, NAIROBI, Kenya, Mar 14 – A group of youth leaders who met President Mwai Kibaki in November 2007 at a meeting the ICC Prosecutor claims was for the outlawed Mungiki sect, are now demanding security from the government, following threats to their lives.
Led by the Deputy Head of Mission to Somalia Yvonne Khamati, the group said all of them had received death threats and are worried about their safety.
They have written to Police Commissioner Mathew Iteere, seeking protection in the wake of the threats, which they termed as “serious.”
“There have been several threats of violence up to and including death threats that have been sent via mobile phones,” their letter to the commissioner of police said.
They told Iteere the threats had been sent to Khamati, Patrick Ngatia, Joseph Kioko and Youth Fund Board Director Gor Semelang’o.
Last week, the same youth leaders petitioned President Kibaki to recall the secret Waki envelop and make the names of those mentioned therein public to ascertain that they were not adversely mentioned.
“We are therefore issuing this request in light of these recent developments trusting that it will receive the urgent attention that it deserves,” they pleaded.
They said they had reported the matter at the Kilimani Police Station under Occurrence Book Number OB- 83/12/3/2012.
The meeting with the President which took place at State House Nairobi on November 26, 2007 is subject of contention in the International Criminal Court (ICC) case facing four Kenyan suspects, including deputy Prime Minister Uhuru Kenyatta and former Head of the Civil Service Francis Muthaura.
State House has admitted having hosted the youth leaders but denies it was a Mungiki meeting called to plan violence in parts of the country as alleged by ICC Prosecutor Luis Moreno Ocampo.
“Following these allegations our group has presented a petition to the President seeking the release of the Waki Envelope and all other annexes to the report, in order to enable us to establish the origin of the claims with a view to clearing our names,” the group said in the letter to the police commissioner.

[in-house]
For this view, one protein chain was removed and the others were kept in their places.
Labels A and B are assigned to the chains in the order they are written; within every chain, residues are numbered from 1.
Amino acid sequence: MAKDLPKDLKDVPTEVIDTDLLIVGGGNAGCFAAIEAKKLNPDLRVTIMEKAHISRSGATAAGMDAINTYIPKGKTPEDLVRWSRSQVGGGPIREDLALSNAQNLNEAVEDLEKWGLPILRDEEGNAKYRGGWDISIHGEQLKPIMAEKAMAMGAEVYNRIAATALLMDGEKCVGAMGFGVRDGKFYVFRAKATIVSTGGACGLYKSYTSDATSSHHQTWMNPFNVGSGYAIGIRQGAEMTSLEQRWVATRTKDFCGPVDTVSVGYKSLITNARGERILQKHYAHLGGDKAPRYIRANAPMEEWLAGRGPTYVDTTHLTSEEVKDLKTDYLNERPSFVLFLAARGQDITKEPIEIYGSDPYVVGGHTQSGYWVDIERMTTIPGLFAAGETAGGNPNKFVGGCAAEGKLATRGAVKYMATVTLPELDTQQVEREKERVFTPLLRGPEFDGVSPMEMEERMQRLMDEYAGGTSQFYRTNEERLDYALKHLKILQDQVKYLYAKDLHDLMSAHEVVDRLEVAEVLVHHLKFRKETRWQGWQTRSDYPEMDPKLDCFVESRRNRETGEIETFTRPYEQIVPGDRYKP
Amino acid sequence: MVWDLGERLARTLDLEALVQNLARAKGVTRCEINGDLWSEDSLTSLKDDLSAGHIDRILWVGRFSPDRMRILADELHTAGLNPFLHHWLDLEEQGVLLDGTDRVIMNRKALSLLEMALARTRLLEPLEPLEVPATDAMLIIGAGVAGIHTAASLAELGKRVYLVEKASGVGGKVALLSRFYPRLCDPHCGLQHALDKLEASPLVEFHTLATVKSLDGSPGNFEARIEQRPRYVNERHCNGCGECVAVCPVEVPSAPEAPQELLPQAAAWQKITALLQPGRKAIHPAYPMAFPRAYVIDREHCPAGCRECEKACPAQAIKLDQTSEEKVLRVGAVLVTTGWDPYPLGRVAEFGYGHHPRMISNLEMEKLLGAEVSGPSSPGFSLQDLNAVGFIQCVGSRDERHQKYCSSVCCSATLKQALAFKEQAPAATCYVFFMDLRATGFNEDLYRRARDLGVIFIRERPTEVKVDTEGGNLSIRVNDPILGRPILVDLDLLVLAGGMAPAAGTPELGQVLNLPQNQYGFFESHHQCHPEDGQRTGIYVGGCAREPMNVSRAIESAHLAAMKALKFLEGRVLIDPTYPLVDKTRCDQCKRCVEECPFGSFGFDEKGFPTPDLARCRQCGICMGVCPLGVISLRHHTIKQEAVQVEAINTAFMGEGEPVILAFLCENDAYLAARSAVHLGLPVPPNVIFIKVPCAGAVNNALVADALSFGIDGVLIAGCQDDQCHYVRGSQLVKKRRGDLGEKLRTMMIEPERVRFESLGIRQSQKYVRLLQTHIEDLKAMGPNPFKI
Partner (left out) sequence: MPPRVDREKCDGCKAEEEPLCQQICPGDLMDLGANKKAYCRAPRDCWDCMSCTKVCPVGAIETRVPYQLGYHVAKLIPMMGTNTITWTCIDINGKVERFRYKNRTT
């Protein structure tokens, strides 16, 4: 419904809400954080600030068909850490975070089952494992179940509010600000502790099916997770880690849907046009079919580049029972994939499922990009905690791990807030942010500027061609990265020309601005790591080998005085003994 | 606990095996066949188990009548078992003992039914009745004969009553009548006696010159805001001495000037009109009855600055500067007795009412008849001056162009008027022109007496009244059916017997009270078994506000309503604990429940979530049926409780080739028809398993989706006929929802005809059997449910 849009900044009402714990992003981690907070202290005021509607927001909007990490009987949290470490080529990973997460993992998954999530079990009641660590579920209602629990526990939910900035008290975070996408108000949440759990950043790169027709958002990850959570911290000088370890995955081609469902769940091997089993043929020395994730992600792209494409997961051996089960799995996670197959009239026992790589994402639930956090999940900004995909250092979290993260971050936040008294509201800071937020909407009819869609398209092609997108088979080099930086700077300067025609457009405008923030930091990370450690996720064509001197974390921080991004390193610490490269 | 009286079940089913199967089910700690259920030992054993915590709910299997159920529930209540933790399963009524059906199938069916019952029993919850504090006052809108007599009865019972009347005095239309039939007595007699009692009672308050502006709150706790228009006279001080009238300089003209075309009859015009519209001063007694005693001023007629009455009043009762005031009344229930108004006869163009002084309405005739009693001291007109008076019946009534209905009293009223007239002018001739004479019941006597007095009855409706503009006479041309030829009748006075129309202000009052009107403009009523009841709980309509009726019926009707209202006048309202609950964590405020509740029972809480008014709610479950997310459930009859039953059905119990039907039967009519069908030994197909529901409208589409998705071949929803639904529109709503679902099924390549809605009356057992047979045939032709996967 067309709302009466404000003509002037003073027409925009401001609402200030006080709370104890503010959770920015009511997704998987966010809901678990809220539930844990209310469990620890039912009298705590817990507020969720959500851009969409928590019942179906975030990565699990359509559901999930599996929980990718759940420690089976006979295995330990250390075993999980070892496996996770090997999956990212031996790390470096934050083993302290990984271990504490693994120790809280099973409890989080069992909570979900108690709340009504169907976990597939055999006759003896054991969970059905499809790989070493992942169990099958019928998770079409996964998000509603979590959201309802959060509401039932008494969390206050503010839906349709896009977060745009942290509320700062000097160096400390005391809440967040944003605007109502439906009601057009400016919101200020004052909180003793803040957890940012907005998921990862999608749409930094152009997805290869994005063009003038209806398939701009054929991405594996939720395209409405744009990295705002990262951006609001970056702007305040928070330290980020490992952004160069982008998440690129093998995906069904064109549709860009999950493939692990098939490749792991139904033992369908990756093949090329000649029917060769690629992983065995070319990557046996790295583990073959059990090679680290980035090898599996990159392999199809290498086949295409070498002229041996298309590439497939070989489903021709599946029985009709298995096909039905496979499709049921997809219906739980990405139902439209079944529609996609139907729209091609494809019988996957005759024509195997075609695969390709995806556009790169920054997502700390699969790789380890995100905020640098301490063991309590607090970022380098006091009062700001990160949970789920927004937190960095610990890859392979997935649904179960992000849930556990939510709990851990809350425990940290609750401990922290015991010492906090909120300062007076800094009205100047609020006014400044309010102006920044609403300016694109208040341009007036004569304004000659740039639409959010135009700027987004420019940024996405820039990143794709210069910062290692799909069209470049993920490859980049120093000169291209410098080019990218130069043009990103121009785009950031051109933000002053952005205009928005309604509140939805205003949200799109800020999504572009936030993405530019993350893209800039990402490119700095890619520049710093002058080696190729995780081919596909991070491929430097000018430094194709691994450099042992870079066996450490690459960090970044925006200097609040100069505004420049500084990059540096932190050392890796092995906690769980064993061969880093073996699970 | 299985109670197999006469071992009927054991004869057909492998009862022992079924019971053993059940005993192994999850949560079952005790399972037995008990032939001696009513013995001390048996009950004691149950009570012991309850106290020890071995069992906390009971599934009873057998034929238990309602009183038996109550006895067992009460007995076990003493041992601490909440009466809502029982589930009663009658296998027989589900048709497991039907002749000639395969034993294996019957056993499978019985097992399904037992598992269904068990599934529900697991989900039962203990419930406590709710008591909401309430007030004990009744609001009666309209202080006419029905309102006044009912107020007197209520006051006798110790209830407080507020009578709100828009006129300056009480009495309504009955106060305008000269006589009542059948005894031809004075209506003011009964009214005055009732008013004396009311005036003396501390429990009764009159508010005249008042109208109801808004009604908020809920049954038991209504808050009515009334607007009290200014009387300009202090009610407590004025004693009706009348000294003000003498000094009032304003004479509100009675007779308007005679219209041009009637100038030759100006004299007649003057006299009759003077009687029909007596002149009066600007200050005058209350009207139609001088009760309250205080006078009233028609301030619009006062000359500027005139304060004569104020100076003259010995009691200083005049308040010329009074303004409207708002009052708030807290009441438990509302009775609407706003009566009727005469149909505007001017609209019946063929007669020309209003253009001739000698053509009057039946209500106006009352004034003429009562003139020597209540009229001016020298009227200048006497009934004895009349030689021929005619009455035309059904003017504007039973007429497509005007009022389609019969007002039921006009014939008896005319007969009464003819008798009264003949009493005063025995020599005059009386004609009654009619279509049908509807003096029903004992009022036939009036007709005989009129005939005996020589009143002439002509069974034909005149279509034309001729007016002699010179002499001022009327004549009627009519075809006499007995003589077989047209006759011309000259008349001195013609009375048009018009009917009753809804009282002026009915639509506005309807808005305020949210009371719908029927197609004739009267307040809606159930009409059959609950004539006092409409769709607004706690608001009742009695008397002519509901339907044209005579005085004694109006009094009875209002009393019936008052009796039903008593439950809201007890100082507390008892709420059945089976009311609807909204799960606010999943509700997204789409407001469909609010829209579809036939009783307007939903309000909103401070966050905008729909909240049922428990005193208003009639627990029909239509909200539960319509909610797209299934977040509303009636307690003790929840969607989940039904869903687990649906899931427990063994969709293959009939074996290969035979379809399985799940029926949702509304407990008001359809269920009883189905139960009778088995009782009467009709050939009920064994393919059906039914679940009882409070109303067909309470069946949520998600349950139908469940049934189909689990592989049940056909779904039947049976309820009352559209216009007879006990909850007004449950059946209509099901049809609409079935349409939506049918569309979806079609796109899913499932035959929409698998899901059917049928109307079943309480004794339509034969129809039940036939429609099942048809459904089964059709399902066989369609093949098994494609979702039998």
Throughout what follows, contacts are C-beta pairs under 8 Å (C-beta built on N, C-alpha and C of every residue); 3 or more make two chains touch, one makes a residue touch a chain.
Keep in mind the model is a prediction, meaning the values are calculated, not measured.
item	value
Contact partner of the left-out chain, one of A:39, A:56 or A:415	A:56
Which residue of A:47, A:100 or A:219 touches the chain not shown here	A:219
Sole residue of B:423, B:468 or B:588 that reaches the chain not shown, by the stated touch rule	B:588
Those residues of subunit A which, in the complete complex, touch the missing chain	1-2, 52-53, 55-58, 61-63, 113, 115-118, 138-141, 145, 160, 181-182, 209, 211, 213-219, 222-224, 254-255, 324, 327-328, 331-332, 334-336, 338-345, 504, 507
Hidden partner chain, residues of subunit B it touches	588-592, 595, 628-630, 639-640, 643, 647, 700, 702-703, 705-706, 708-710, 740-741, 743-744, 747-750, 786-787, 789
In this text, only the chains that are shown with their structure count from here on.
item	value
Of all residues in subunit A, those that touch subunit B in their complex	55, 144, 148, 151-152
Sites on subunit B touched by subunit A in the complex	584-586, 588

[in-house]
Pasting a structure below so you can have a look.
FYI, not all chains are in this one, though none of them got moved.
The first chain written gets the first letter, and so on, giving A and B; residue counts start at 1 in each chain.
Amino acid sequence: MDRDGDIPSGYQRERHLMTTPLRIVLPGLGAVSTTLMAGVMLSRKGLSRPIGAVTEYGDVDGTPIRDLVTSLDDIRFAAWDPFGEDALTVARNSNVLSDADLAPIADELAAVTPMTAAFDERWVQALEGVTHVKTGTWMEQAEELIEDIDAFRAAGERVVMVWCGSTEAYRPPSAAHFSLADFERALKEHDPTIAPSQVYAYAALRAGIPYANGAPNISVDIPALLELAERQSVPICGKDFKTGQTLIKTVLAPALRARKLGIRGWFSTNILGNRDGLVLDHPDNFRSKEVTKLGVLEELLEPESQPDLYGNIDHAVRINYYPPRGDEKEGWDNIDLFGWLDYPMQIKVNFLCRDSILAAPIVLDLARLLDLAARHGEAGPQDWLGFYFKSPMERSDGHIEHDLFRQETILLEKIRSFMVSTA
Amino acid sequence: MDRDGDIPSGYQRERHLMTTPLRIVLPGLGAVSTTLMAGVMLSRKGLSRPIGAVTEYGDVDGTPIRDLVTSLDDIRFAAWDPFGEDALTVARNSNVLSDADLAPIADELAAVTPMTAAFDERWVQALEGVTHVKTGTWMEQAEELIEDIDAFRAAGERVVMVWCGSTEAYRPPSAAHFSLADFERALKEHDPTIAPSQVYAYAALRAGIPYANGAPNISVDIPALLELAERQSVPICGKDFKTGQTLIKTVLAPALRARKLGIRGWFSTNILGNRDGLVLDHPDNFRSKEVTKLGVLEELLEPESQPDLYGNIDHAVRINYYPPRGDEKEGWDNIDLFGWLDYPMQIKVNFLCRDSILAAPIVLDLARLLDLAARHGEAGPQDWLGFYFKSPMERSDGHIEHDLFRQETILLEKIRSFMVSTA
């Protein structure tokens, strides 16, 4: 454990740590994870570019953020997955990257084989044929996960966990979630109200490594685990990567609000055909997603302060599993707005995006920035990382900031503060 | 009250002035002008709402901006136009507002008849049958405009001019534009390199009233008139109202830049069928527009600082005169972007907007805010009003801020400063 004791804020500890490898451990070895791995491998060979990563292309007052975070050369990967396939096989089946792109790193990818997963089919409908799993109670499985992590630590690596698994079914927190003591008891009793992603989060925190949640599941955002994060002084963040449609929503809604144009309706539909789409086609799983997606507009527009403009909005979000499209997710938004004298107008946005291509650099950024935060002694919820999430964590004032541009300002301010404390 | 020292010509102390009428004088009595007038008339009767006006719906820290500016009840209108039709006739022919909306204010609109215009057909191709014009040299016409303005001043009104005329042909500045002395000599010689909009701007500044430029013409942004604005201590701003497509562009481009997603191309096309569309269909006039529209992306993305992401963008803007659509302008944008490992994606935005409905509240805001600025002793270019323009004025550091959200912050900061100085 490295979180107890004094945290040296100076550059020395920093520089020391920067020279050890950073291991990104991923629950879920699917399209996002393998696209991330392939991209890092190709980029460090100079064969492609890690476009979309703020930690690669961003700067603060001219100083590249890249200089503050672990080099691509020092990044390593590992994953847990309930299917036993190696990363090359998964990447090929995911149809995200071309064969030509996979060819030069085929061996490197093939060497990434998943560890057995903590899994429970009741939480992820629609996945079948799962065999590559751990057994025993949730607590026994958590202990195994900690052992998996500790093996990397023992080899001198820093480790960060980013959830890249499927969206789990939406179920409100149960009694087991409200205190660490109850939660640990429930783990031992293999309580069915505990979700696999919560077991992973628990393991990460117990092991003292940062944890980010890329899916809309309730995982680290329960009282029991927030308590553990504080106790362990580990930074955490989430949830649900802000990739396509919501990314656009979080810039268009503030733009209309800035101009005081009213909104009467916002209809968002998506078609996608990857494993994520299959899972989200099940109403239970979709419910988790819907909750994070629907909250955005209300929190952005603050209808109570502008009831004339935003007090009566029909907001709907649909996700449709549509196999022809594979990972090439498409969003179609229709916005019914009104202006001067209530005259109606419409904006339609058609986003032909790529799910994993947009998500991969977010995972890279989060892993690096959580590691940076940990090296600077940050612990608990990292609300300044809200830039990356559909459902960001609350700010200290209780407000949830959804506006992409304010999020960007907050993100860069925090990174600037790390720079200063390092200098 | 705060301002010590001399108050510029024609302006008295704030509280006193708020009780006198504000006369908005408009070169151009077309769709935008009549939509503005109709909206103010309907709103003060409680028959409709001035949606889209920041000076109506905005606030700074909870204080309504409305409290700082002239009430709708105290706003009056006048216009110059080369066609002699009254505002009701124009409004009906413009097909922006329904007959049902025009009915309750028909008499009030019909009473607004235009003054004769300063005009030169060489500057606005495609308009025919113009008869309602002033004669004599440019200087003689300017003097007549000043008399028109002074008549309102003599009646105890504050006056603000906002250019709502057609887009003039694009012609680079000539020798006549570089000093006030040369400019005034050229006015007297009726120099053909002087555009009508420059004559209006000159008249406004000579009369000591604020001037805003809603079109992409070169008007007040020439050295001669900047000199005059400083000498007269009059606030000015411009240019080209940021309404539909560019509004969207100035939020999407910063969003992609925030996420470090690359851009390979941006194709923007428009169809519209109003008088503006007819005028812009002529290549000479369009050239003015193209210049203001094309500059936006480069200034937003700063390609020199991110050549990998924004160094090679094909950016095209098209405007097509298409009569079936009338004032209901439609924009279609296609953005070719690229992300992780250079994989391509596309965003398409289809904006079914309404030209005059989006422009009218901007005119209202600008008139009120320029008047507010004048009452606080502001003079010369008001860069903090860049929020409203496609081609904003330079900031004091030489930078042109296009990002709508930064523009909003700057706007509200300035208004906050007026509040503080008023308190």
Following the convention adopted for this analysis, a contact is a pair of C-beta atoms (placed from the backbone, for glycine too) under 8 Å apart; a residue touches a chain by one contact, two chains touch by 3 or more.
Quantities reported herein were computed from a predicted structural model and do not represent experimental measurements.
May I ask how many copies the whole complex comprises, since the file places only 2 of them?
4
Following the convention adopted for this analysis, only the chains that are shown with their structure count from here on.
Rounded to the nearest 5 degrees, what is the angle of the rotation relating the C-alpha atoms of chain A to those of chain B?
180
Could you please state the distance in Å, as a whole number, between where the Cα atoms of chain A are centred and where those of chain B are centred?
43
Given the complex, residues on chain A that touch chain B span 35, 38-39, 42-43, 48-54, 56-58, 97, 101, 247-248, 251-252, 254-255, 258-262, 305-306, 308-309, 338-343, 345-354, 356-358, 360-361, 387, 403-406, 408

The letter is dated March 13, 2012.
“We wish to emphasise that the group meeting at State House did not discuss Mungiki and neither did they engage in violence-planning activities,” they said, and explained that “we were involved in discussing matters to do with the presidential campaign and we were attempting to formulate strategies to mainstream the youth into governance through a Youth Marshall Plan and charter.”
The group tells the police commissioner in the letter that even their families were being harassed by unknown people.
“It is this concern that has informed our decision to request that your office provide us with security and assure the safety of our families, who are innocent victims whose lives are at risk due to the allegations that were broadcast to an international audience by the prosecutor claiming that we are members of the proscribed Mungiki sect and that we allegedly planned the 2007/2008 violence,” the group added.
Police headquarters has confirmed receipt of the letter from the group.